Don’t put fuel on the fire

When we agree with a negative person to be polite, all we’re doing is feeding their negativity (remember – misery loves company!). We’re then vulnerable to negative feelings and thoughts ourselves and things go downhill from there. One way to reduce your own stress levels when with a negative person is to ignore their comments. If they’re not getting the desired response, they may become less negative (it’s not always the case, but it’s worth a try). But, if the person is becoming more and more involved in a negative rant, keep your body language and facial expressions neutral and consider saying something like ‘I see’, or ‘Okay’. You might then, depending on the situation, try and steer them to more neutral territory.

On the other hand, if they happen to say something positive (even one thing!), respond enthusiastically (‘I couldn’t agree more’, ‘That’s a really good point’), keeping your body language positive and energetic. They’re likely to respond positively to you (consciously or subconsciously) and you may find that their negativity lessens somewhat.

Don’t take their viewpoints personally

Negative people aren’t just negative to others – they’re also negative to themselves. And if you feel drained around them, imagine how they must feel most of the time. Everyone has positive attributes and it can be helpful to think about what you like about the person; are they really intelligent, good at their job, do they have a talent for something you wish you did? Recognise the positive things and mention one to him or her. They may reject your compliment outright, but know that they’ll walk away feeling better for having heard it.

Ignore gossip

Gossip is always destructive – even when it’s focused on something seemingly unimportant. It’s not surprising that negative people tend to gossip more than positive people and often because they’re looking for other people to reinforce their negative views. We all like a little bit of banter from time to time, but gossip is toxic (and usually unfounded anyway!). If someone is ‘having a go’ at people who aren’t there to defend themselves or is putting forth negative views about a situation, simply walk away. Gossip feeds negativity and if you’re feeling a little wobbly yourself, it’s nearly impossible to step back and ignore the comments. Resist the urge to agree with the person even if you happen to think they’re correct, and politely remove yourself from the line of fire. It can also be really helpful to say something along the lines of ‘I don’t agree with you because I don’t have all of the facts’ and then move on to something totally unrelated before exiting the conversation.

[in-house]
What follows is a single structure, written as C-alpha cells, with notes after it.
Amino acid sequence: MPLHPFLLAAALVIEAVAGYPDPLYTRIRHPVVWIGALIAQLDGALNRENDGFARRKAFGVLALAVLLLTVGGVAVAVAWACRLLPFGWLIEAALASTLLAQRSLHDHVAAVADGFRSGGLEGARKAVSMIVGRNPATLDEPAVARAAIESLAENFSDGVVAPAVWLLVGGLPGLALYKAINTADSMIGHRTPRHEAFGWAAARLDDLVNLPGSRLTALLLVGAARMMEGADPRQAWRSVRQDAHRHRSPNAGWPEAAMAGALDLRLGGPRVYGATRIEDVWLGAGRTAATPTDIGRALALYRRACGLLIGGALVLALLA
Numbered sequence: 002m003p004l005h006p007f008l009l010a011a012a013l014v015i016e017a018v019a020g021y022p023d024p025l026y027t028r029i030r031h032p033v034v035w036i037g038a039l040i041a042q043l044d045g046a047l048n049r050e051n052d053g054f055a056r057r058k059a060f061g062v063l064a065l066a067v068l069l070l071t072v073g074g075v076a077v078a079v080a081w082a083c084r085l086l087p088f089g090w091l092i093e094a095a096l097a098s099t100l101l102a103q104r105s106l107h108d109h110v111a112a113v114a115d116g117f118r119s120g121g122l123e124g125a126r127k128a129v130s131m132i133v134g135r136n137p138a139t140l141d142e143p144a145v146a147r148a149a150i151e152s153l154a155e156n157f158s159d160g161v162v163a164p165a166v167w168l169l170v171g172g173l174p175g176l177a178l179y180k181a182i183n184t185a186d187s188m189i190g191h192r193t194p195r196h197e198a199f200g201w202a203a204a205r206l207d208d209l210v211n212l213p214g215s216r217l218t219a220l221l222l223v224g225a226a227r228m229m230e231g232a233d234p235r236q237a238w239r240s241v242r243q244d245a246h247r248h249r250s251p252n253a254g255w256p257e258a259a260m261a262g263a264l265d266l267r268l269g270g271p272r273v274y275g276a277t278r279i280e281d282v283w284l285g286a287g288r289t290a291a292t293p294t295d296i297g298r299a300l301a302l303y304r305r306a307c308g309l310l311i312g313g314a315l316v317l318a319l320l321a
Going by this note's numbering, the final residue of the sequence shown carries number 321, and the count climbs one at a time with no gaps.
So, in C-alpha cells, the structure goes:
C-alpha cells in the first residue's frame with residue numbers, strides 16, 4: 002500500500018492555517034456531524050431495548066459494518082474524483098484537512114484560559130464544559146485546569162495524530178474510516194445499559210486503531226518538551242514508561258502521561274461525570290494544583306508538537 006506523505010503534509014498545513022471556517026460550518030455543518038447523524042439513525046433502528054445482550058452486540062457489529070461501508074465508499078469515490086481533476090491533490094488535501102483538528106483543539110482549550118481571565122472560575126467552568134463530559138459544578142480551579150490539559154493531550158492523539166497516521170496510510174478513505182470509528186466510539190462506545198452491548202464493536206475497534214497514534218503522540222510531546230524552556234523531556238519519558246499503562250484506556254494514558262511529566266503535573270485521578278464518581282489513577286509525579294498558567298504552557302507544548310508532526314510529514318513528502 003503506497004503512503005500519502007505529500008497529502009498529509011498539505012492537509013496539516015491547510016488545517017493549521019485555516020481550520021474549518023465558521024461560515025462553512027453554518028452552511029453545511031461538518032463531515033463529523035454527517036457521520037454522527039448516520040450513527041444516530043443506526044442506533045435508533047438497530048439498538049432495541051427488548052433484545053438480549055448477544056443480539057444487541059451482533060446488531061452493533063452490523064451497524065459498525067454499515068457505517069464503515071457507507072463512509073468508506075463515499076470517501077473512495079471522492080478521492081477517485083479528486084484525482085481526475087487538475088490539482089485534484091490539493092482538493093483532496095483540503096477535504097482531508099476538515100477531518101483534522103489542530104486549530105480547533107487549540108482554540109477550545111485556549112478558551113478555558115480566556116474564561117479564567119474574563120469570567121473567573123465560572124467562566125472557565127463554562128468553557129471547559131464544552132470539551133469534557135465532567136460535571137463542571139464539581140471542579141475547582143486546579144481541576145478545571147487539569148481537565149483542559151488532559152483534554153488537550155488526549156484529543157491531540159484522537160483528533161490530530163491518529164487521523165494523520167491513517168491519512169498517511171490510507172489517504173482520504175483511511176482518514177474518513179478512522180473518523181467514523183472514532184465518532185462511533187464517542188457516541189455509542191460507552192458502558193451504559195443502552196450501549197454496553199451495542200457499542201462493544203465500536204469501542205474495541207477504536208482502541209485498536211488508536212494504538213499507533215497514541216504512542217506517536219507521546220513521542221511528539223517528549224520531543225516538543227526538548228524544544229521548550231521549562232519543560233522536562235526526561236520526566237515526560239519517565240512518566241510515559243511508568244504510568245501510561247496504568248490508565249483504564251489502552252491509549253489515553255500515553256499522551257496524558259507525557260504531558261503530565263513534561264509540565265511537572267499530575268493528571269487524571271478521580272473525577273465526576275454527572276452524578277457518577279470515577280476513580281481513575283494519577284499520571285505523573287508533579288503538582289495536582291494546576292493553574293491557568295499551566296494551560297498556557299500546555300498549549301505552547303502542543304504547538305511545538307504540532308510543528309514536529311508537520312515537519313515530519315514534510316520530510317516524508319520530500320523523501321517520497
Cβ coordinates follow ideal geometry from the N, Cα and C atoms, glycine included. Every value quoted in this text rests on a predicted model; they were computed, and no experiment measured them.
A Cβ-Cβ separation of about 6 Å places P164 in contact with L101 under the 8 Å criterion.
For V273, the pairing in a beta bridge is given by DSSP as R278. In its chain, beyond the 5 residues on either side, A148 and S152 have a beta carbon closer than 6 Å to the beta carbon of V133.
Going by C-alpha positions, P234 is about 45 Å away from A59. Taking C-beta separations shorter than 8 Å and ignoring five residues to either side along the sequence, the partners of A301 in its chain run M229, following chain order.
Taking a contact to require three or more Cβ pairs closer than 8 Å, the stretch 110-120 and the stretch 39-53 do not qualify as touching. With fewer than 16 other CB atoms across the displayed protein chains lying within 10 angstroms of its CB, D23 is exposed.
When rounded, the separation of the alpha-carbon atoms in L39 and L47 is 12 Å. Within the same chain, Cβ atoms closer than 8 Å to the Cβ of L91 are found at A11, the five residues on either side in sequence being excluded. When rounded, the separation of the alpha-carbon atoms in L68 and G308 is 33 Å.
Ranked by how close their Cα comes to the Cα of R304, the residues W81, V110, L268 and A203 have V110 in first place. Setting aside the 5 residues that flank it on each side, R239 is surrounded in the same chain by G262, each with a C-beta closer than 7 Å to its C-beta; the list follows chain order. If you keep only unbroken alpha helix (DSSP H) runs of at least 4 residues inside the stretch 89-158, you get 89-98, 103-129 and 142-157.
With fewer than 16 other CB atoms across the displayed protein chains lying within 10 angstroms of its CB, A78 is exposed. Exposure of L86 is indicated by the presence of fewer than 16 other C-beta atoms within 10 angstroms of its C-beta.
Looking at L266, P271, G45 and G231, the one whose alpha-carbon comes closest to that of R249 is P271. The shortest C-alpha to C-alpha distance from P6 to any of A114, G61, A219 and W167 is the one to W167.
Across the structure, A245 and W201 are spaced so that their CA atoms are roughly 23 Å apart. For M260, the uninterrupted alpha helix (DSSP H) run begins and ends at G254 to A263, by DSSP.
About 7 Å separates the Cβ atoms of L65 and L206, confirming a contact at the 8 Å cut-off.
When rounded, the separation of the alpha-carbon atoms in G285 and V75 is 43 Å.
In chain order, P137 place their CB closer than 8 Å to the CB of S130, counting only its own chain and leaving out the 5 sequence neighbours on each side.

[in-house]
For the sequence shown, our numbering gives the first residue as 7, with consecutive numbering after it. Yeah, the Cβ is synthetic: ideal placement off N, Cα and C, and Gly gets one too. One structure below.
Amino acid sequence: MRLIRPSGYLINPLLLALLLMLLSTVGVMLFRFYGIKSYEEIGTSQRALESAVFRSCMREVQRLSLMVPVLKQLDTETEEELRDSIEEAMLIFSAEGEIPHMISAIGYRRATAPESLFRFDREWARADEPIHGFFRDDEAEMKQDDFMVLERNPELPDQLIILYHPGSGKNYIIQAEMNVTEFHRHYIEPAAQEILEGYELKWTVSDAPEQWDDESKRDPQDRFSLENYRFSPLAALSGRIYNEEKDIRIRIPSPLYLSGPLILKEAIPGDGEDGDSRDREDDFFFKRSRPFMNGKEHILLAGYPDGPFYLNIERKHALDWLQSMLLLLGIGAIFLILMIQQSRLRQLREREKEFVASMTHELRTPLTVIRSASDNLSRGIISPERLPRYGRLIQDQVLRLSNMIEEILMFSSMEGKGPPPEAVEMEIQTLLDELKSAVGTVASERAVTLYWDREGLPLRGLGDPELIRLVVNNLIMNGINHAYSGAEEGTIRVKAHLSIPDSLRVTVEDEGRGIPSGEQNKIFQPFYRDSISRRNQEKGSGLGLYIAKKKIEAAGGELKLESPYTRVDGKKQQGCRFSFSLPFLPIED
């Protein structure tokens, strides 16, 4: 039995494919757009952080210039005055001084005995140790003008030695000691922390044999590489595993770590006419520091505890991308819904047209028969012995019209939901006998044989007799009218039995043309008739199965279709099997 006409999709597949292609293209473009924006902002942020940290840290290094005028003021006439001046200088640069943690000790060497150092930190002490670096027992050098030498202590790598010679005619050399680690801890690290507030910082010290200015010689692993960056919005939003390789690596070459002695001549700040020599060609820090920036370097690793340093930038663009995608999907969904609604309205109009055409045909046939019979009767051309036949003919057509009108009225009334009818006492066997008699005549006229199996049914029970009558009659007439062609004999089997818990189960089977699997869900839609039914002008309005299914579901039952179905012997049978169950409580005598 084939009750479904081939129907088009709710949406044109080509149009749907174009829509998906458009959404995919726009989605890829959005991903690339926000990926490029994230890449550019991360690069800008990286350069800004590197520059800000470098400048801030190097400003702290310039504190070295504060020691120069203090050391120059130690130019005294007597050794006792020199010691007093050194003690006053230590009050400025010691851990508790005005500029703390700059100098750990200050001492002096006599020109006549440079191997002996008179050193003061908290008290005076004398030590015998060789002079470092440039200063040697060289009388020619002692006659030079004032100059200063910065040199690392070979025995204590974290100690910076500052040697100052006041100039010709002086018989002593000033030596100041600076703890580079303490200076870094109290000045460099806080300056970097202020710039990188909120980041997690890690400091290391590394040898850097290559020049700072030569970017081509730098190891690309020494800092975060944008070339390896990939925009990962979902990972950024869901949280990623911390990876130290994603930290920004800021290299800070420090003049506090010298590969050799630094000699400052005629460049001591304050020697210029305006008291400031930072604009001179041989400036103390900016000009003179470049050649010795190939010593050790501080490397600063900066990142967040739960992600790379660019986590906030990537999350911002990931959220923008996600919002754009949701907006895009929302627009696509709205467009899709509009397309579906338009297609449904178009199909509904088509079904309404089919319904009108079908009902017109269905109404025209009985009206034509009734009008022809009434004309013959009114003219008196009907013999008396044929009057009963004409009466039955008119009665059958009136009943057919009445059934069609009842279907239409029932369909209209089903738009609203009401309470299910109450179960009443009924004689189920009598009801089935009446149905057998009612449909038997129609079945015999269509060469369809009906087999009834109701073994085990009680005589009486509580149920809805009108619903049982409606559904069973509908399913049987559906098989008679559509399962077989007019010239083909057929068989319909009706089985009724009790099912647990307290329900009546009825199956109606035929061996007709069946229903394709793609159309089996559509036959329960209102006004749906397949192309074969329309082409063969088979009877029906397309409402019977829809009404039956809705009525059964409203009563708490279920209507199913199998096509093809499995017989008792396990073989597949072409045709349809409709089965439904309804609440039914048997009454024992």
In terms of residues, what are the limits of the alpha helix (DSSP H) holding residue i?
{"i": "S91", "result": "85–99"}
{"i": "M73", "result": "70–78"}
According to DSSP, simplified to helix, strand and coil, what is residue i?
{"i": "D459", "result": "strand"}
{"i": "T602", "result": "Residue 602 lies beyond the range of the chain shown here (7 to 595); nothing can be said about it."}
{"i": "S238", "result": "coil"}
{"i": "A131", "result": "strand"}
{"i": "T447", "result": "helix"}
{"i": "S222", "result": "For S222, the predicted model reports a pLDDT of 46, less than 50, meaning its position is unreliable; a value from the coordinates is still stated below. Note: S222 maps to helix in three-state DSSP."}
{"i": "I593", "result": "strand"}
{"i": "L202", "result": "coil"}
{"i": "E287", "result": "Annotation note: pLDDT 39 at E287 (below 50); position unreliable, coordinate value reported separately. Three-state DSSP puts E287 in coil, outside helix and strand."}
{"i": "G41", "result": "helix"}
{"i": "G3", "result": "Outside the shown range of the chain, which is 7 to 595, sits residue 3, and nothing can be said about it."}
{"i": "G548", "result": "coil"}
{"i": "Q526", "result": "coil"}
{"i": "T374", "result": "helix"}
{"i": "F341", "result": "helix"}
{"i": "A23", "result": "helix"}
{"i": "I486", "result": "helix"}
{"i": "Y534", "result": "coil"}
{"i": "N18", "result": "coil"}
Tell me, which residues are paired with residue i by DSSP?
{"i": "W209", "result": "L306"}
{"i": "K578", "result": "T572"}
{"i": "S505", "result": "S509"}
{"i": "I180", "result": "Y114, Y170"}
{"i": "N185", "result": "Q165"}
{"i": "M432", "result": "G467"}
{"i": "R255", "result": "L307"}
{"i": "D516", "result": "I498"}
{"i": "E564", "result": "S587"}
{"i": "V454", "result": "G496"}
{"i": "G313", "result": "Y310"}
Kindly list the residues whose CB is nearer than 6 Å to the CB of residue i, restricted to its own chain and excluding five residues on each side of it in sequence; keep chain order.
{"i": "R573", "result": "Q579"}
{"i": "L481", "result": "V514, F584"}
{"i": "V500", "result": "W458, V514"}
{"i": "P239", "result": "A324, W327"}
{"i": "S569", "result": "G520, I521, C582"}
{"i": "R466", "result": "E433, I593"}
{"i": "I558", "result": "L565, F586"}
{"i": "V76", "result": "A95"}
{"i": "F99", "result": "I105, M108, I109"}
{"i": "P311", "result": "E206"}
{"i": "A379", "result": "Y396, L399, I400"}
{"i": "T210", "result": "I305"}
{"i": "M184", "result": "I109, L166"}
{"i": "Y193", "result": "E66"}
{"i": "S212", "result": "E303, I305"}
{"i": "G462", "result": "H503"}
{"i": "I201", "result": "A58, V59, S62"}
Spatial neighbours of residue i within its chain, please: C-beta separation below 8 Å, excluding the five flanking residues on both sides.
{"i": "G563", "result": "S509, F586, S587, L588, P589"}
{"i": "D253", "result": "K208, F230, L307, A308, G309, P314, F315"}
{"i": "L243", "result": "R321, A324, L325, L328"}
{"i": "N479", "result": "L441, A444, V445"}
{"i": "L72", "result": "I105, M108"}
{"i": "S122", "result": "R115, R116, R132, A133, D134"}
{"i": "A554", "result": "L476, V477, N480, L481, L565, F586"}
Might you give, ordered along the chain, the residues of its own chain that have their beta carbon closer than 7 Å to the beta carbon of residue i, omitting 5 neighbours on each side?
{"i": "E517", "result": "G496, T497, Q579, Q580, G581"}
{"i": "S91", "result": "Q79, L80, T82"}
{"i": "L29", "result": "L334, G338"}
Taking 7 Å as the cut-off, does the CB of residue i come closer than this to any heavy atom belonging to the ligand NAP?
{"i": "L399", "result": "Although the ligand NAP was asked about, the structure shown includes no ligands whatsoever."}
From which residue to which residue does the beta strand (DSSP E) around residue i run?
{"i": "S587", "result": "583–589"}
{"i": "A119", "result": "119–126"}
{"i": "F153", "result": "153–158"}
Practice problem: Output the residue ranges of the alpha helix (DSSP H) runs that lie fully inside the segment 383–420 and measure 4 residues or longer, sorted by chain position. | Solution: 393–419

Meet up in groups

This may not be possible in the workplace, but if you have a particularly negative friend or family member, try and make sure that you’re not alone with them on a regular basis. In a one-to-one conversation, you’re likely to feel that their negativity is directed solely at you. But when you and another mutual friend or another family member are together with the person it’s so much easier to keep the conversation lighthearted. Of course, you’re not ‘ganging up’ on the person but if you have other positive people around the table, the mood is likely to lift and your own stress levels will go down.

Consider reducing or even stopping contact with them

This isn’t possible in the workplace, but if the person is a friend or family member, consider reducing contact with them or avoiding them altogether when you’re in a stressed place yourself. Your health and wellbeing is crucial and consistently negative people will only drag you down. It’s not always easy, but remember – if you’re no longer available to them, they’ll just find someone else to vent to. And that’s nothing to feel guilty about. If you know the person well, be honest and let them know that you find their negativity hard to deal with. They might not even realise the impact that their mindset is having on others, and opening up this discussion may be the beginning of them finding help to change their outlook. If things don’t improve and you’re finding yourself increasingly stressed by spending time with the person, consider cutting ties. As painful as that may be, it’s more unpleasant to have to continue in a relationship which offers you nothing but stress.